If you want to license your invention for royalty payments, you have to deliver more than a “me too” product. Prospective companies will demand that your product exceed their standard profit goals in order to pay royalties, which represent increased expense.
Many inventors believe the way to get a company interested in their inventions is to write a letter – and then hope they receive an invitation to begin negotiations. This seldom happens.
Your licensing quest should begin by phoning and asking for your prospect’s invention submission guidelines. Know that many times unpatented inventions, or inventions without at least a patent pending, will not be accepted.
For patented (or patent pending) inventions, you’ll have to agree to give up all your rights except those that are, or will be, granted by your patent. You’ll have to acknowledge, by signature, that you agree to this condition or they won’t review your product.
Study guidelines carefully to determine whether the company advises on how soon it will give you an answer. If you’re lucky, the guidelines will come with a signed letter. Companies often discourage direct communication with inventors. So, without a commitment on response timing, or the name of a person with whom you can follow up, your proposal may be destined for the corporate “black hole.”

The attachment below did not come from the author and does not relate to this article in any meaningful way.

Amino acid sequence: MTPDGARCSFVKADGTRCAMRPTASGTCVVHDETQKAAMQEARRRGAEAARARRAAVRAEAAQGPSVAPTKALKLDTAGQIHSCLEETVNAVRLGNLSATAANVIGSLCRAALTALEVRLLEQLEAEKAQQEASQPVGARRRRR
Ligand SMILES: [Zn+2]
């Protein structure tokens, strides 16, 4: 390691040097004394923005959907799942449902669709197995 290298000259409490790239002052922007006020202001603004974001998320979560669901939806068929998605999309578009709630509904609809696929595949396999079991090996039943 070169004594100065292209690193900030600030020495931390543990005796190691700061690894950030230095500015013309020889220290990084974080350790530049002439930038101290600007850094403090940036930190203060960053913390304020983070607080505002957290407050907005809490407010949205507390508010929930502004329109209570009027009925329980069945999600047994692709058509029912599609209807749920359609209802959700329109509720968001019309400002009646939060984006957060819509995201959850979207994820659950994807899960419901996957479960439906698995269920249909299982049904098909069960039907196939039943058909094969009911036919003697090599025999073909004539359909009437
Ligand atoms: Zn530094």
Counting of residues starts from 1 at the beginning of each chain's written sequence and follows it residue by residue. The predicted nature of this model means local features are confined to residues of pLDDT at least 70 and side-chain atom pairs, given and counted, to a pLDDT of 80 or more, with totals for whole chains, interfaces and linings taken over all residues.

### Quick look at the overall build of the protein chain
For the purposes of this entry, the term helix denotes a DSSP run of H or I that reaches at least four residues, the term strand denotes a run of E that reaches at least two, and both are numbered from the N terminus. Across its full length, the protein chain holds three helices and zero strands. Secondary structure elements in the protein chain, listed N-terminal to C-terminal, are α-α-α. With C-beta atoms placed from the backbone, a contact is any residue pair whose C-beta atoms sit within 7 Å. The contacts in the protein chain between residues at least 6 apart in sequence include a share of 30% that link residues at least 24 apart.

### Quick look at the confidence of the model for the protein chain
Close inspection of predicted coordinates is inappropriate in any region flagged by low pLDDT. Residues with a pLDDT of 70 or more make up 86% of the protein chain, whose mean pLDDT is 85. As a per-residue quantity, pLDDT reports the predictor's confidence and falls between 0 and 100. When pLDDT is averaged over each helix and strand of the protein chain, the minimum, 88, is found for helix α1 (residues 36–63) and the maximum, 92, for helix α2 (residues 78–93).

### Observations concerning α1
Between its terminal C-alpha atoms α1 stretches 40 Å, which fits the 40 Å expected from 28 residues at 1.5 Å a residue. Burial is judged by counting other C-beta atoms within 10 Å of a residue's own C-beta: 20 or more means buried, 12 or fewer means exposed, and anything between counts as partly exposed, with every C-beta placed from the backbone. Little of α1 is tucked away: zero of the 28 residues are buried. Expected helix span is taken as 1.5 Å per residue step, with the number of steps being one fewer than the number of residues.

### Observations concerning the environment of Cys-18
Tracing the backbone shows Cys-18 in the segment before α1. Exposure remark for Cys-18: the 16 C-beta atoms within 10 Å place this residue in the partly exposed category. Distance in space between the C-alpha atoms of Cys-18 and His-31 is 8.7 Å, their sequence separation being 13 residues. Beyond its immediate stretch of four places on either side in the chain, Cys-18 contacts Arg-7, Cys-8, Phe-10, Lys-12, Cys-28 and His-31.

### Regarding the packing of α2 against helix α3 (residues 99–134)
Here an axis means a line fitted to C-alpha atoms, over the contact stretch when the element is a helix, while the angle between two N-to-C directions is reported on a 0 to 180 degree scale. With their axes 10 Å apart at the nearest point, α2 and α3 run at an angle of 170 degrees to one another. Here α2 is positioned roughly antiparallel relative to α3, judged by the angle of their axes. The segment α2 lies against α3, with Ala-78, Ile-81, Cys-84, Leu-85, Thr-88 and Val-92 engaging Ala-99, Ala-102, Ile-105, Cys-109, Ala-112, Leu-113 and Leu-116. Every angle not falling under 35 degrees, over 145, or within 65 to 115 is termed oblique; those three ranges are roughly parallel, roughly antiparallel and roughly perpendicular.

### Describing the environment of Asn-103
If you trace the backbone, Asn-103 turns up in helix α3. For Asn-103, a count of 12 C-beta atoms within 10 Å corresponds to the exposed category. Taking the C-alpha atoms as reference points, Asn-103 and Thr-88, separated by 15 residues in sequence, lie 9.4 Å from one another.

If your targeted company appears especially well-matched to your invention, you may have to accept this anonymous way of dealing. But if the company is just one of many that all rank about the same as prospects, place it low on your priority list.
If the company has no formal guidelines, ask for the name of the person who will handle an invention submission. Talk directly with this person before sending off your proposal or your prototype.
The odds are not in your favor.
You may need to contact 20 or more companies before you connect. So, when you receive your first rejection, don’t sulk. Contact another company on your list right away. You should consider sending out at least one proposal every month whether you hear from your prospects or not. If you connect with more than one prospect, so much the better.
How to find prospective companies
The Thomas Register of American Manufacturers is a place to start. It’s on the Internet and may be in your library. Another way is to check is the North American Industry Classification, or NAICS, reference book at your library.